, "Who does he think he is?"
"My time is as important as hers!"
"That @#$% cut me off!"
"Why can't they have it all together before they get to the register?"
"Can't he read the sign?"
As I look over recent days . . . weeks . . . months . . . and years, I know some form of the above statements, as well as others, have escaped my lips. The feelings attached have lingered long enough to make my morning miserable, cause me to miss teachable moments with my kids and built up to the point my loved ones paid in some way. And while my day may be ruined, it is possible that that person had no idea what had happened.
Recently, I read a book called Dropping Your Rock by Nicole Johnson. She takes the familiar Bible story of the adulterous woman presented to Jesus by religious leaders in John 8 and makes the reader part of the scene. Jesus was teaching a crowd of people in the temple courts when the woman was dragged in by her accusers. Imagine her shame. Perhaps she was wearing no clothing. Perhaps her skin was scraped, bruised and bleeding from her capture and transport. They made her stand before Jesus and the crowd he had been teaching. You know the Law of Moses. She is to be stoned to death. You pick up your stone, ready to do your duty. But Jesus bends down, scratching in the dirt (don't you wish you knew what he had written in the dirt that day?). Moments later, after being drilled with questions, Jesus stands up and welcomes any that are without sin to cast the first stone.
Imagine this woman, trembling, crouched on the ground. Bracing herself, waiting to feel the first strike. Slowly, her accusers and those ready to carry out her punishment walk away. As they each drop their rock, the ground releases soft deep thumps. All of those who had stood ready to judge and kill her, knew in their hearts that they were not without sin.
So, as I speed through my day, ready to stone anyone who impedes my progress and plan, do I really believe that I have not ever affected others? Have I ever cut anyone off in traffic before? Accidental or purposefully? Better drop my rock. Have I ever been late for an appointment, due to my poor planning or events that I could not control? Better drop my rock. Have I ever had a child misbehave loudly in a public place? Better drop my rock. Have I ever been unsure of where I am going? Better drop my rock.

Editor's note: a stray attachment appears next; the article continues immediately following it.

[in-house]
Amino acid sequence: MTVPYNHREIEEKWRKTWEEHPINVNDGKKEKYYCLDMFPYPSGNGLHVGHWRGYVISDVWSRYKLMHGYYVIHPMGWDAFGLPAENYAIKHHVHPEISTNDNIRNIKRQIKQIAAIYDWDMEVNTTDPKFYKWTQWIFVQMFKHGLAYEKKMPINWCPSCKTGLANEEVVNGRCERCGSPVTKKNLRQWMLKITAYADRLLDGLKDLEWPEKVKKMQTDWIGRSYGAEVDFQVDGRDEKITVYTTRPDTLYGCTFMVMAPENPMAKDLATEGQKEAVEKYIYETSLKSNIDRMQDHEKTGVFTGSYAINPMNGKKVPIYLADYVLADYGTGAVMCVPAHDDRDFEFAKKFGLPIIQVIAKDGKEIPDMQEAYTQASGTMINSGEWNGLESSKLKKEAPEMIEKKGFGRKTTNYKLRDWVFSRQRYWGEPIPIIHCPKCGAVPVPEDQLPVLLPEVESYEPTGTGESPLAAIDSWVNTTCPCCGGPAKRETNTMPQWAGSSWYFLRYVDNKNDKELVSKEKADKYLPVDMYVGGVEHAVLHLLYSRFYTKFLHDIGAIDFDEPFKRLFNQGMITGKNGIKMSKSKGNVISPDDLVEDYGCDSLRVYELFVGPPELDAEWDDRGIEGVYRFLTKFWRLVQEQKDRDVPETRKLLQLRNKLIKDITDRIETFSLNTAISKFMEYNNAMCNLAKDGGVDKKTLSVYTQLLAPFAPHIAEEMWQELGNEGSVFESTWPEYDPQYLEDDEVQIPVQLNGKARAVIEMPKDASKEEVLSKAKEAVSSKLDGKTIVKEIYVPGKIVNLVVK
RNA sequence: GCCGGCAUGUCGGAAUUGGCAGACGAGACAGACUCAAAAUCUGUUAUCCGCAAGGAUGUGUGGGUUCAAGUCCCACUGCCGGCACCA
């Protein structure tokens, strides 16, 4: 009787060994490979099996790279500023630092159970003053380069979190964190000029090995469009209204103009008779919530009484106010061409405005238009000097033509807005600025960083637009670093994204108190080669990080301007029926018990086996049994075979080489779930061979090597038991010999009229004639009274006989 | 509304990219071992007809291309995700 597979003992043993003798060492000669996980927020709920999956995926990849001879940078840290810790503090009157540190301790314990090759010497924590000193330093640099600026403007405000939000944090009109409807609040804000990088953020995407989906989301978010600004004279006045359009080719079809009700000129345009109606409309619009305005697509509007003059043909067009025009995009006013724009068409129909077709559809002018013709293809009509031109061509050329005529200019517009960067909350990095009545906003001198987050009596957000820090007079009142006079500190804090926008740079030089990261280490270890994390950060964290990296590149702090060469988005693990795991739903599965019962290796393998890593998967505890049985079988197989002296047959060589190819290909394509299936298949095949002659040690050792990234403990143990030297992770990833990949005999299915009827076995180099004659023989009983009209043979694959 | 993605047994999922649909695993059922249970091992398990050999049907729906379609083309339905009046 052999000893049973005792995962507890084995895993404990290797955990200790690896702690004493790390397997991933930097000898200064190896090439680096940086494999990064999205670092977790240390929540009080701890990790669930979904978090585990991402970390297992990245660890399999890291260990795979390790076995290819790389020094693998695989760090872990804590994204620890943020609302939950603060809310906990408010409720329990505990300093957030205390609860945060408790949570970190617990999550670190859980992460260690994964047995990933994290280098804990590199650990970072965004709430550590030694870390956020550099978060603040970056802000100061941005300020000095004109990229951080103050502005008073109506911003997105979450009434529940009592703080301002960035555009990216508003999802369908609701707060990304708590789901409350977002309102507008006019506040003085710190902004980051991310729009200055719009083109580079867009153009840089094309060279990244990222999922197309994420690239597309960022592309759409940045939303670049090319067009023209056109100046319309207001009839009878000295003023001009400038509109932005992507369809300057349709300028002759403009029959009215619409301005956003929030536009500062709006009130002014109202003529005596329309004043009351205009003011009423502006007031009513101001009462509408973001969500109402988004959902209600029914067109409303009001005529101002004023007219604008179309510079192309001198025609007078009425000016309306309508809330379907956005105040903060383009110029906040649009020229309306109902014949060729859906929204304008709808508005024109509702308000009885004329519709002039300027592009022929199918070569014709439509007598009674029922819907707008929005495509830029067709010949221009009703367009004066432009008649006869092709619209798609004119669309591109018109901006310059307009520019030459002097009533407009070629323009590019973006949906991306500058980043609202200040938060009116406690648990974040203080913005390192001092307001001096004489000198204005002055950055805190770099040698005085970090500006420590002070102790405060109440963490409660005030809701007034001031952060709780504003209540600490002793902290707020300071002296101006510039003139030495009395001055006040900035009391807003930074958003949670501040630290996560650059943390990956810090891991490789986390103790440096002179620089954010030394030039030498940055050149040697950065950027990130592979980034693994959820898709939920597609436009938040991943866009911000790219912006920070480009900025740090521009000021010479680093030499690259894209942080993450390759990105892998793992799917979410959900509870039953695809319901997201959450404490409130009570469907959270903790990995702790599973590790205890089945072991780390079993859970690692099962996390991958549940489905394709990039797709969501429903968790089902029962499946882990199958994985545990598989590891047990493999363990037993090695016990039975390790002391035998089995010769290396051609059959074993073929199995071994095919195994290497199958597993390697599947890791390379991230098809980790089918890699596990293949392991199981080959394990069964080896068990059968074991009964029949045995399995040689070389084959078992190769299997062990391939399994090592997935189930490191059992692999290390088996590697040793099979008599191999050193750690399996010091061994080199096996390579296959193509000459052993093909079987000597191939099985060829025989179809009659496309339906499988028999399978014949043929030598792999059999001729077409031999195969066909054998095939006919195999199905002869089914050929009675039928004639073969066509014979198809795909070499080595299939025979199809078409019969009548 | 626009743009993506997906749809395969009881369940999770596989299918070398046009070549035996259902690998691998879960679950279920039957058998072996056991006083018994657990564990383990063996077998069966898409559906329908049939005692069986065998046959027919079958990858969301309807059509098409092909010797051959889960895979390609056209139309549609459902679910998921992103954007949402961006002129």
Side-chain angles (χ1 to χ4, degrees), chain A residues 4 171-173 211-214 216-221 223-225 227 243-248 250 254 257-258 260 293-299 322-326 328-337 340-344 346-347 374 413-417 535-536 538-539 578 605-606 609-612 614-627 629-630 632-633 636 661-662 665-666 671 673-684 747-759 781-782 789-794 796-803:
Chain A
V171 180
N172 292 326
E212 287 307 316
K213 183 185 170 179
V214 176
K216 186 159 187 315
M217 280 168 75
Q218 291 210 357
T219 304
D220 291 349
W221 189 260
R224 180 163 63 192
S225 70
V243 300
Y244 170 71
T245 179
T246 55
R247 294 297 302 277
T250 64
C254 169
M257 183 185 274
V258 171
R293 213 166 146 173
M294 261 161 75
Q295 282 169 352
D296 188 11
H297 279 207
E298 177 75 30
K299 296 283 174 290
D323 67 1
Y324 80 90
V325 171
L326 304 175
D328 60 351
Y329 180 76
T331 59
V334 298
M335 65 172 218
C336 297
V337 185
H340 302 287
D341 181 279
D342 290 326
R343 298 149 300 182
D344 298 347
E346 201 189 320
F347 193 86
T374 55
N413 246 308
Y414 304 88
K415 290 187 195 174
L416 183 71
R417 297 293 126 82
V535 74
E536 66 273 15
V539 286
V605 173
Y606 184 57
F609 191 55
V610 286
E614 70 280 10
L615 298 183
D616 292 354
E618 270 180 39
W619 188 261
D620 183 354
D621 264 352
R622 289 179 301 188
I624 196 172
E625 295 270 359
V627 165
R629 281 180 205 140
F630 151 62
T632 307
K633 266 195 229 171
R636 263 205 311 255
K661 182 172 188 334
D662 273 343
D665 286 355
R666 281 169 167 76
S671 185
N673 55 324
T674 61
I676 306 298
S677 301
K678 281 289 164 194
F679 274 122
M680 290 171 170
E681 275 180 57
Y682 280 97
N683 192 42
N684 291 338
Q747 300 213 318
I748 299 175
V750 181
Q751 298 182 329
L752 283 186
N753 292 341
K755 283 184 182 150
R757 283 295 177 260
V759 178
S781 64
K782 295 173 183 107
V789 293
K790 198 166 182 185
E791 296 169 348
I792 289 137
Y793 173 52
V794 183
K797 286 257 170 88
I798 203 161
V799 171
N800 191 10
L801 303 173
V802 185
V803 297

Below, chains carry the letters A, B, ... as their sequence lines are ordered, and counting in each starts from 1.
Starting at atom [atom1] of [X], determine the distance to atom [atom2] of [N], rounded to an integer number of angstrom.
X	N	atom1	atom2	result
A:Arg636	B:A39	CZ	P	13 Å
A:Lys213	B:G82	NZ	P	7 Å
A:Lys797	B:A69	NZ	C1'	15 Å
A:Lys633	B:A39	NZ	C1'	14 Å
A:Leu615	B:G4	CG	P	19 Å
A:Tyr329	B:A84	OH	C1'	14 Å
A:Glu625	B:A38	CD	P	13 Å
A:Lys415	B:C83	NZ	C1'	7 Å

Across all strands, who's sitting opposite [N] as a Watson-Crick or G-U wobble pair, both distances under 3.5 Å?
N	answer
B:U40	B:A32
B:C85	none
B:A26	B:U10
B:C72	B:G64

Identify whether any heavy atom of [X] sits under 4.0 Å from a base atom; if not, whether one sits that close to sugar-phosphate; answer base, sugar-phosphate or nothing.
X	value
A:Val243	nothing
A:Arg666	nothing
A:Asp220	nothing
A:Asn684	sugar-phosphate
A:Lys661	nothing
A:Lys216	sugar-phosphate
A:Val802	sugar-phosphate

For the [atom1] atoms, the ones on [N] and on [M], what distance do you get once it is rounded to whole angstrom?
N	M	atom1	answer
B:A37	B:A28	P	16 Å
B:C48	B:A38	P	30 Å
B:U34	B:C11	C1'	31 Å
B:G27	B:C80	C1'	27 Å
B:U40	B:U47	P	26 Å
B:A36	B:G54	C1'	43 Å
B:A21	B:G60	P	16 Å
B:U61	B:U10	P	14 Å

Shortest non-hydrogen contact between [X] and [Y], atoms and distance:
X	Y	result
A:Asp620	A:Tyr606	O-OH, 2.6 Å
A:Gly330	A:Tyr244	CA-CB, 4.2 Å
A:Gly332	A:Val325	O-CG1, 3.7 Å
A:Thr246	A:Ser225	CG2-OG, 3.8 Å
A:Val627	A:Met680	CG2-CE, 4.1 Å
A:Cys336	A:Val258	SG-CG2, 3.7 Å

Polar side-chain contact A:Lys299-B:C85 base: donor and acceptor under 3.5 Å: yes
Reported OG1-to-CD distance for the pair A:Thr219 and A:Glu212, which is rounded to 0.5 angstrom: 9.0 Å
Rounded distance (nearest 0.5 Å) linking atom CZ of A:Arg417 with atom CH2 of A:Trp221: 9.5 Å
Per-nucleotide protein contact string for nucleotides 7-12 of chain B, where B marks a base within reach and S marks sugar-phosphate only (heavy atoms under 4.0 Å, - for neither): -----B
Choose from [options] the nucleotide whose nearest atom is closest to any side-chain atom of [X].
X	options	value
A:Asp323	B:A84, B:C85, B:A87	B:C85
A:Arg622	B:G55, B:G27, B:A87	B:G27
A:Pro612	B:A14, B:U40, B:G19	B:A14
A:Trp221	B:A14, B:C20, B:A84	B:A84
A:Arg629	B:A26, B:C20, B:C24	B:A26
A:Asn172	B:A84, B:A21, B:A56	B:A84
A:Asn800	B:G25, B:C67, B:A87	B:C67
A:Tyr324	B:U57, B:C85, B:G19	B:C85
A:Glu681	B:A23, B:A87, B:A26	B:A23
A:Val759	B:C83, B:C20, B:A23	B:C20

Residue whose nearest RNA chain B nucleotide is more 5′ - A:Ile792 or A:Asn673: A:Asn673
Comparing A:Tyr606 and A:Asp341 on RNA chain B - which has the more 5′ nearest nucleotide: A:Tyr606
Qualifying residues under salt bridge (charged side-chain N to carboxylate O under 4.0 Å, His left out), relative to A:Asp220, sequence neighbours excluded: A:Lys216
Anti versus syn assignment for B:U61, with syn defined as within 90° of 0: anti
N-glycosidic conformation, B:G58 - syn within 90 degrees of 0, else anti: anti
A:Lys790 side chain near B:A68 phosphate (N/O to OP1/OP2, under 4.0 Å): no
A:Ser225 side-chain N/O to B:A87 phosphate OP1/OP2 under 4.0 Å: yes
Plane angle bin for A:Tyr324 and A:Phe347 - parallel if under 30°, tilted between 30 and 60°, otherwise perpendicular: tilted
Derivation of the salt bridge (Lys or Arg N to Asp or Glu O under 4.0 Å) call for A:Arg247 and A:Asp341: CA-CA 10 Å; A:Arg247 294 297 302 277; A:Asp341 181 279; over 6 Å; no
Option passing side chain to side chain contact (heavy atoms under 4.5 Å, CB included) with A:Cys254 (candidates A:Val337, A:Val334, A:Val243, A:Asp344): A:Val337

Every car you see on the highway, every house you pass along the streets . . . they all have stories. And all of those stories have good parts and bad parts. You don't know where the the guy who just cut you off is at in his story. Maybe he has a sick family member. Maybe he has lost his job. Maybe there is some kind of substance abuse present. Maybe there is a marriage in peril. Instead of picking up a rock to stone him, say a prayer for him . . .
Update (5/31/12): After reading John 8 with my three daughters this morning, I shared this post with them to further our discussion. I feel compelled to add to the last sentence. My prayers should not just be for the other person, but for myself also. Prayers for help to drop my rock...prayers of thankfulness that I may not be dealing with what someone else is facing...thankfulness for having a place to rest...thankfulness for my redemption, paid for through Jesus' blood.
In addition to this, I would like to share a post by Terri Brady, "Grace: Pass it on!". I know that I was blessed by it. Additionally, here's a great post by Lysa Terkeurst that convicted me down to my toes for those times I've had "the perfect comeback"